4. Learn and improve continuously.
This practice implies reflecting so that one can learn from experience, and it aligns with performing retrospectives and embracing Kaizen. In addition Open Kanban itself is open source and it welcomes contributions or extensions to the method.

Kanban board example[edit]

Kanban Software Development Workflow[6] complements the Scrum, XP and Waterfall models.

Workflow ⇒ Inbox Specification Ready for Development Development
(e.g. using Scrum and XP)
Code Review Test on Local System Test on Pre-Production System Ready for Deployment Deployed
WIP Limit ⇒ 5 2 2 3 2 2 2
Feature In progress Done Planned In Progress Done In progress Done In progress Done In progress Done
User Story 567
User Story 214
User Story 857
User Story 654
User Story 75
User Story 754
User Story 244
User Story 751
Password Recovery
User Story 624
User Story 245
User Story 782
User Story 657
User Story 38
User Story 858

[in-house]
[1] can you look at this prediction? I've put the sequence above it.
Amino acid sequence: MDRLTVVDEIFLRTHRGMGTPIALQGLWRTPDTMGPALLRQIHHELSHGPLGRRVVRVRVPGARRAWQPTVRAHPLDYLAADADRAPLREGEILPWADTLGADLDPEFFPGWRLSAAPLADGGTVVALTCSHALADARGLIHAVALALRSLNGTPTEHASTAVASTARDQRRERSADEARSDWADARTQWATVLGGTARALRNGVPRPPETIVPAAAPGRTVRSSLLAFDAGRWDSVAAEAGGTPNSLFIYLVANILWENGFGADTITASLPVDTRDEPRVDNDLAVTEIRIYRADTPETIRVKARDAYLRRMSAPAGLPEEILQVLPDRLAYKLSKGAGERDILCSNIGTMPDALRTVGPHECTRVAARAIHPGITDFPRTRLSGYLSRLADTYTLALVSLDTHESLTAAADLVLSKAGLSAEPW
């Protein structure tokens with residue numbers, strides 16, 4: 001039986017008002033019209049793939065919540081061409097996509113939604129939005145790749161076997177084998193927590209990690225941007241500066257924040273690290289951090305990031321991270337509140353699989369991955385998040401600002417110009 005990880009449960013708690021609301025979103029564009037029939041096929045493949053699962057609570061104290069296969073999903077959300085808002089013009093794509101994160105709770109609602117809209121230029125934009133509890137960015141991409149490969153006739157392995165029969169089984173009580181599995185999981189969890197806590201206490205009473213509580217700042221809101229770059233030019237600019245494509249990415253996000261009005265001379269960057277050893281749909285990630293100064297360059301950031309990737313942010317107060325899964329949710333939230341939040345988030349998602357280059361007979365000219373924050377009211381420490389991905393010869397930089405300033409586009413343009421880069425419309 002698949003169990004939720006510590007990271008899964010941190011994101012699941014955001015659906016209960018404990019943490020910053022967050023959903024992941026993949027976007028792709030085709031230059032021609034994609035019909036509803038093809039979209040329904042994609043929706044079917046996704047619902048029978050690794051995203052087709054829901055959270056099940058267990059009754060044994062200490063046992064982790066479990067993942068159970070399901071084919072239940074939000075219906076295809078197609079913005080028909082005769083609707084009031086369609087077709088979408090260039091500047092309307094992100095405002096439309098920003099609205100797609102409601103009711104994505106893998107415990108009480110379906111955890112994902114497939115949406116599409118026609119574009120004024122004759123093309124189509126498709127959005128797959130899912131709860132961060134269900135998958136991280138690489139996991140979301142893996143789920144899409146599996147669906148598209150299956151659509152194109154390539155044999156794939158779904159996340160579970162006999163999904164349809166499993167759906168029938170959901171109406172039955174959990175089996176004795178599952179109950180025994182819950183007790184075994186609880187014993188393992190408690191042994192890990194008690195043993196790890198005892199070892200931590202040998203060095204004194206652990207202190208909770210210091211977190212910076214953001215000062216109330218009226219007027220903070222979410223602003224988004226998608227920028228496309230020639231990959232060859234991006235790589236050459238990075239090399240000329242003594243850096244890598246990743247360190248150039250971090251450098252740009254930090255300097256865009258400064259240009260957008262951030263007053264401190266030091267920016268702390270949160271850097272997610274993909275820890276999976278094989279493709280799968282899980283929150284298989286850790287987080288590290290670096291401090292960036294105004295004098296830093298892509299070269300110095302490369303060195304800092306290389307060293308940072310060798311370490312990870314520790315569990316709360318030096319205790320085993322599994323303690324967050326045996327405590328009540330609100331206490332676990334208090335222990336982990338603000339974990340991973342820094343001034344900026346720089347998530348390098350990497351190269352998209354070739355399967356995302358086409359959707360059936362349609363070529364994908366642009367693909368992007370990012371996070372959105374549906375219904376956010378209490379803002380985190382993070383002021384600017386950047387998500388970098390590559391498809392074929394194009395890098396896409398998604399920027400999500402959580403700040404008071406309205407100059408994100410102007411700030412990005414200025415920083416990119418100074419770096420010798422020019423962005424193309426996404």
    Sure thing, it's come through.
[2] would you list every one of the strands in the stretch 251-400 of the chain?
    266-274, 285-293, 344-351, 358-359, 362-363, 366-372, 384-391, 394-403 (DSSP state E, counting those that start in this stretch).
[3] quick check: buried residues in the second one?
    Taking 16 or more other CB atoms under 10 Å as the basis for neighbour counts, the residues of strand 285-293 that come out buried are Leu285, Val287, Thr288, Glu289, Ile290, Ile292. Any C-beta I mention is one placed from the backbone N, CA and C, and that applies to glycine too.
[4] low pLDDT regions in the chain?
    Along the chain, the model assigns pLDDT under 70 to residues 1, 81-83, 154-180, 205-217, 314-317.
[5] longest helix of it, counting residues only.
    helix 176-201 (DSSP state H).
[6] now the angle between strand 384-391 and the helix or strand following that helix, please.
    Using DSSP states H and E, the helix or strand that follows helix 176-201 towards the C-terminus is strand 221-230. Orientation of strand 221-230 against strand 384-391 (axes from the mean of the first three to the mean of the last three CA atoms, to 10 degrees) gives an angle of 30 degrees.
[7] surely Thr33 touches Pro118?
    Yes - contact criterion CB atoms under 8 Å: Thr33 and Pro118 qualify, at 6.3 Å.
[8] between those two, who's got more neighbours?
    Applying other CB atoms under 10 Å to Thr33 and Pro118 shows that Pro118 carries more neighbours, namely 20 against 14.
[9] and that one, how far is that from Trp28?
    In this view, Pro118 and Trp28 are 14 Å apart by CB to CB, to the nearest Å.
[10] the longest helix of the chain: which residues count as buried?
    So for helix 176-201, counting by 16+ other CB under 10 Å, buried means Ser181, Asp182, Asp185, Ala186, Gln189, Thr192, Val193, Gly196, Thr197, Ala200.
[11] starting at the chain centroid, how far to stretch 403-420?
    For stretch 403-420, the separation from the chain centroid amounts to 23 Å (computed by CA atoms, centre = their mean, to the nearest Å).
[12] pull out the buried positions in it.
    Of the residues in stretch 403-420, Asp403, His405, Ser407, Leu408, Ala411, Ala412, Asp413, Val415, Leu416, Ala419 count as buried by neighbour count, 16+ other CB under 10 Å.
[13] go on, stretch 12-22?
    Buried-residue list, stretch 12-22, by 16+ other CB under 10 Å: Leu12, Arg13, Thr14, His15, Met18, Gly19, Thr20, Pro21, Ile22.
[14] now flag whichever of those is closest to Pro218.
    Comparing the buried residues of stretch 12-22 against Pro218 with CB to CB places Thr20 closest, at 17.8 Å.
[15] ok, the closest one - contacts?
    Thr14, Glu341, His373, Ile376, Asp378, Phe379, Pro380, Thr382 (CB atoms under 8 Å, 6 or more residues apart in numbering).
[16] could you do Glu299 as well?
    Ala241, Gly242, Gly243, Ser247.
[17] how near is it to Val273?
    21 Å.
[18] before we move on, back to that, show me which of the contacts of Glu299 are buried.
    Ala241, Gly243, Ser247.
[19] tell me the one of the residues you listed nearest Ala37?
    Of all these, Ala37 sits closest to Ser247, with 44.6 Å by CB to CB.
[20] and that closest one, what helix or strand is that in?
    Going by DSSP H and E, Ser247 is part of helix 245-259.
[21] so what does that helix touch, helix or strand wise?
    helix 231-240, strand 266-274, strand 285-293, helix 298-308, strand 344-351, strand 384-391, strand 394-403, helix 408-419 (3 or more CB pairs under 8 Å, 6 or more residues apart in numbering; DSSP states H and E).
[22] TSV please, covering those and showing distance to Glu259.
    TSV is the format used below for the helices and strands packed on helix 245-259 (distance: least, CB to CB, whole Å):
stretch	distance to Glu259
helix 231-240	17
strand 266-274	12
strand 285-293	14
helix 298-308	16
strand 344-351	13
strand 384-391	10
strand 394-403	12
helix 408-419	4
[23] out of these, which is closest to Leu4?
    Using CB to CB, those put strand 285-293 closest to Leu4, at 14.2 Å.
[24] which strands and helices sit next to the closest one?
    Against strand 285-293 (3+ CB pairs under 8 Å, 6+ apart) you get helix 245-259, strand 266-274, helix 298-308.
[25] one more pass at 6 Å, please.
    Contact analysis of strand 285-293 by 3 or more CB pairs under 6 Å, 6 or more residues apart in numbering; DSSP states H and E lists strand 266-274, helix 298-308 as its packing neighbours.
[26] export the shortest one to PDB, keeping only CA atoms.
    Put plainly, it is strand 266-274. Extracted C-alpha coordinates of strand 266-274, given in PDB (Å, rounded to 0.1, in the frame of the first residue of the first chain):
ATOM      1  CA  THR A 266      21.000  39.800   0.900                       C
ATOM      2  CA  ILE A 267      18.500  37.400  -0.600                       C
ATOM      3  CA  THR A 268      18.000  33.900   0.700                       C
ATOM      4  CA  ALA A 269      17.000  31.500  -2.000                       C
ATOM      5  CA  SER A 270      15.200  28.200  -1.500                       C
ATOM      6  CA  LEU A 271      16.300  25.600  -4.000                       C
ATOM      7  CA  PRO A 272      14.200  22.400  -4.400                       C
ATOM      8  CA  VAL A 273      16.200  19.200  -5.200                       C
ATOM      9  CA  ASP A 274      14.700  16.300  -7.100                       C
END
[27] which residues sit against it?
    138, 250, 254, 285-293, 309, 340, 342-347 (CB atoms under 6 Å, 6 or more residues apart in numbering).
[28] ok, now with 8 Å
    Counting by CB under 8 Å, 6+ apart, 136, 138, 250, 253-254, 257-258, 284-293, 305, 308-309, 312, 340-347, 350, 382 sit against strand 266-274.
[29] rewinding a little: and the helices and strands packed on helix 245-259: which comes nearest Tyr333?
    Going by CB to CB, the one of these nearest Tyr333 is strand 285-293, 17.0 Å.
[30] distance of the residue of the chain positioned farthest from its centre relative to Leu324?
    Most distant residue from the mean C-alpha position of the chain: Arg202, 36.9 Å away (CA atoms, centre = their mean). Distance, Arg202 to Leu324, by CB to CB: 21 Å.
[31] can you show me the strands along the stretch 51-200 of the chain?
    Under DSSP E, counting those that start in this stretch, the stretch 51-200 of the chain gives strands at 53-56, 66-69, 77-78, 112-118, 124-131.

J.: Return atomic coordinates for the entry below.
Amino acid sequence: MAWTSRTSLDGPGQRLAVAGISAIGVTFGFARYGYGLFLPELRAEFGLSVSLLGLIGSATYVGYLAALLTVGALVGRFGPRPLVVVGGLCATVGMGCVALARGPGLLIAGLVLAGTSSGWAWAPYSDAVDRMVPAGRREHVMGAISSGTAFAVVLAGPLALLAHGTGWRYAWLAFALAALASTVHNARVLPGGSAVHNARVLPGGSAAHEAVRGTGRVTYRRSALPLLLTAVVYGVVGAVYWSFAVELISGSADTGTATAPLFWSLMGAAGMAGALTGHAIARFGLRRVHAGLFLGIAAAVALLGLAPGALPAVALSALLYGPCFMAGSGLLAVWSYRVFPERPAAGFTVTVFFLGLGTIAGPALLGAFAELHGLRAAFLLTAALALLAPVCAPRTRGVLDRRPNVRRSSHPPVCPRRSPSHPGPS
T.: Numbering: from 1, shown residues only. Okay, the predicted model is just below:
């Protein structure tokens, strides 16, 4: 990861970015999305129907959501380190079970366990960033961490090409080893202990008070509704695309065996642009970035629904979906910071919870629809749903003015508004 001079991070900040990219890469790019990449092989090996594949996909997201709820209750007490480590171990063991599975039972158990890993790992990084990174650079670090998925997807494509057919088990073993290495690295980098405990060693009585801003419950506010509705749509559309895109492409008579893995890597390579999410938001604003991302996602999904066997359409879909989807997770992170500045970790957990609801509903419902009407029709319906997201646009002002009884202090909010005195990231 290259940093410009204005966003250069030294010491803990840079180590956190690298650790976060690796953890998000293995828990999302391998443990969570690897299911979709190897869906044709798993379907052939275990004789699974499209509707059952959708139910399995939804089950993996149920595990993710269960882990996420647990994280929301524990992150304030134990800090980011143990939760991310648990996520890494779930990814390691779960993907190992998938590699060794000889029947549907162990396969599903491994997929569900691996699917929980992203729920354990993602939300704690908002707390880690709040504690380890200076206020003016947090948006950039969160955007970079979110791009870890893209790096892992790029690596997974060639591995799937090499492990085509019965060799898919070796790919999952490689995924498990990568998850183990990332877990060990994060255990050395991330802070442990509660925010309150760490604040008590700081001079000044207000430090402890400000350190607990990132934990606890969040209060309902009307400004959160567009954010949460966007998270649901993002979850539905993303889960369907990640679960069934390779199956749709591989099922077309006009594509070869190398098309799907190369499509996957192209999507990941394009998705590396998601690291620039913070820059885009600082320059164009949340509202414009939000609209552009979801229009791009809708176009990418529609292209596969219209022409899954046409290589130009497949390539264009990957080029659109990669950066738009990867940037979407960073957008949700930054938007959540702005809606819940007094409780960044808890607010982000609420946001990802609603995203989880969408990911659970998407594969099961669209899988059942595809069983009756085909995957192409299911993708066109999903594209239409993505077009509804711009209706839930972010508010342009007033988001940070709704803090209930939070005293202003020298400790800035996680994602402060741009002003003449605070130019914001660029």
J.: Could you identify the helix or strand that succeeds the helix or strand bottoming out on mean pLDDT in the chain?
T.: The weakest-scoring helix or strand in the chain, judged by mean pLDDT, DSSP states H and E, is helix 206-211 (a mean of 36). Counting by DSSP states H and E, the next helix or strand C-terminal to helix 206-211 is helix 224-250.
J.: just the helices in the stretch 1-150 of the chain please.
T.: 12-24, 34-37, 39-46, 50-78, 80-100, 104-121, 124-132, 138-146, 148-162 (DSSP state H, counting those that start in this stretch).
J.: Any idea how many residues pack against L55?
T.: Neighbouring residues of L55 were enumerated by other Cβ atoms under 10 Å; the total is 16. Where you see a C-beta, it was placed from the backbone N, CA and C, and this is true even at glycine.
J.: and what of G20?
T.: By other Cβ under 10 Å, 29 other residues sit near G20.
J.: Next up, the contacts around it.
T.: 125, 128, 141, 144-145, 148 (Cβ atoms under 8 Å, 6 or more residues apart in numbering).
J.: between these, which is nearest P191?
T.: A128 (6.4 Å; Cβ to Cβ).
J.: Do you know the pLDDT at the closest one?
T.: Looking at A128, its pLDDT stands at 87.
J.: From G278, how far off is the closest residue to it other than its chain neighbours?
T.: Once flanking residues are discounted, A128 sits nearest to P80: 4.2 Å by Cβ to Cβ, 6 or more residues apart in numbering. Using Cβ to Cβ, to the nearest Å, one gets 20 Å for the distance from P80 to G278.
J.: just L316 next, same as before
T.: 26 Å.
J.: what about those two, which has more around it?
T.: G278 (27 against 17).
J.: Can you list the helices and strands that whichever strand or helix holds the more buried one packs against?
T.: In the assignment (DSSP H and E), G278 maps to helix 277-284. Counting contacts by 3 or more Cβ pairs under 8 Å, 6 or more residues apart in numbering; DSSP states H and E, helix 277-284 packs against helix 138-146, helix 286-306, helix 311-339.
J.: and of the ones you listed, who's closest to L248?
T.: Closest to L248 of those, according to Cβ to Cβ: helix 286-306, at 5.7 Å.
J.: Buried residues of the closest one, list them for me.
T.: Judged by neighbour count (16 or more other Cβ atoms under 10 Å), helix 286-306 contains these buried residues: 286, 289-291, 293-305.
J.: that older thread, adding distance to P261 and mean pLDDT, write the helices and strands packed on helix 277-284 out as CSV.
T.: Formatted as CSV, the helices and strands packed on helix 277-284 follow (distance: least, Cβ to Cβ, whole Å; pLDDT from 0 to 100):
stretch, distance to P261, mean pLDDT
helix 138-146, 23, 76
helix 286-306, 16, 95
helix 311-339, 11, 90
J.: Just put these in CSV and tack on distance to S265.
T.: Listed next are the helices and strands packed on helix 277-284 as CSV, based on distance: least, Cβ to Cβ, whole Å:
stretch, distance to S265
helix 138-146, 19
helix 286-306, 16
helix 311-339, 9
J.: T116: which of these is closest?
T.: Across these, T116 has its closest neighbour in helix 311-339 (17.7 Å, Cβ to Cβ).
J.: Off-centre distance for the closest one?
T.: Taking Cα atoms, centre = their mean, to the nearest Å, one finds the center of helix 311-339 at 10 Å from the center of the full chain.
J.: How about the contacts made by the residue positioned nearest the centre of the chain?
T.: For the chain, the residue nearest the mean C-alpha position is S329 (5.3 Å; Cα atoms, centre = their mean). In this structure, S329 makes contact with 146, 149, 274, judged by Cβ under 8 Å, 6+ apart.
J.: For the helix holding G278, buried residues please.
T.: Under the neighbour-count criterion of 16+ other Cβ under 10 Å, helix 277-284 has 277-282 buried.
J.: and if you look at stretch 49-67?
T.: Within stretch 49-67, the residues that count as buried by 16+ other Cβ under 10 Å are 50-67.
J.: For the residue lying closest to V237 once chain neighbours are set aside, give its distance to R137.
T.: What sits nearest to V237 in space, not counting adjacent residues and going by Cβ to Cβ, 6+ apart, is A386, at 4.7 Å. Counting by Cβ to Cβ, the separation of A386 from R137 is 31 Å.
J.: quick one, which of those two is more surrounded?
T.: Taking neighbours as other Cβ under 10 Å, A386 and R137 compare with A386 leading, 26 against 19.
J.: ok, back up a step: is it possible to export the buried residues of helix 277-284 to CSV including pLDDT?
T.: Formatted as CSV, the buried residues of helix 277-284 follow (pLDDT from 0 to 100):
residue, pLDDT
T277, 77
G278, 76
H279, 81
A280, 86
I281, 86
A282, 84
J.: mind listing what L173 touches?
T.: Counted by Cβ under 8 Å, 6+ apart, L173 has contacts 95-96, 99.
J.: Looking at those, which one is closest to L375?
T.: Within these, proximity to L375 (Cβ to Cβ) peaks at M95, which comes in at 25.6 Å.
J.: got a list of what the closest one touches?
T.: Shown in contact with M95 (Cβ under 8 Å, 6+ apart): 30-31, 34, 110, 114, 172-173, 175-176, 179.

Policies ⇒ Write acceptance criteria Plan developer pairing Note cycle start time TDD and Refactoring Note cycle end time Check Policies Tester and Product Owner needed Check only code functionality
  • Remove Ticket
  • Note lead end date
  • Review deployment
  • Update statistics
  • Reprioritize user stories based on new estimates

See also[edit]

Books on Kanban[edit]

Here are some of the books that explicitly discuss Kanban.


  1. ^ Taiichi Ohno (1988). Toyota Production System: Beyond Large-Scale Production. ISBN 978-0915299140. 
  2. ^ James P. Womack (2007). The Machine That Changed the World. ISBN 978-1847370556. 
  3. ^ Anderson, David (September 2003). Agile Management for Software Engineering: Applying the Theory of Constraints for Business Results. Prentice Hall. ISBN 0-13-142460-2. 
  4. ^ Anderson, David (April 2010). Kanban - Successful Evolutionary Change for your Technology Business. Blue Hole Press. ISBN 0-9845214-0-2. 
  5. ^ Scotland, Karl. "Aspects of Kanban". Retrieved 13 November 2014. 
  6. ^ Jasper Boeg (February 2012). "Priming Kanban". InfoQ. Retrieved 2014-02-17. 

External links[edit]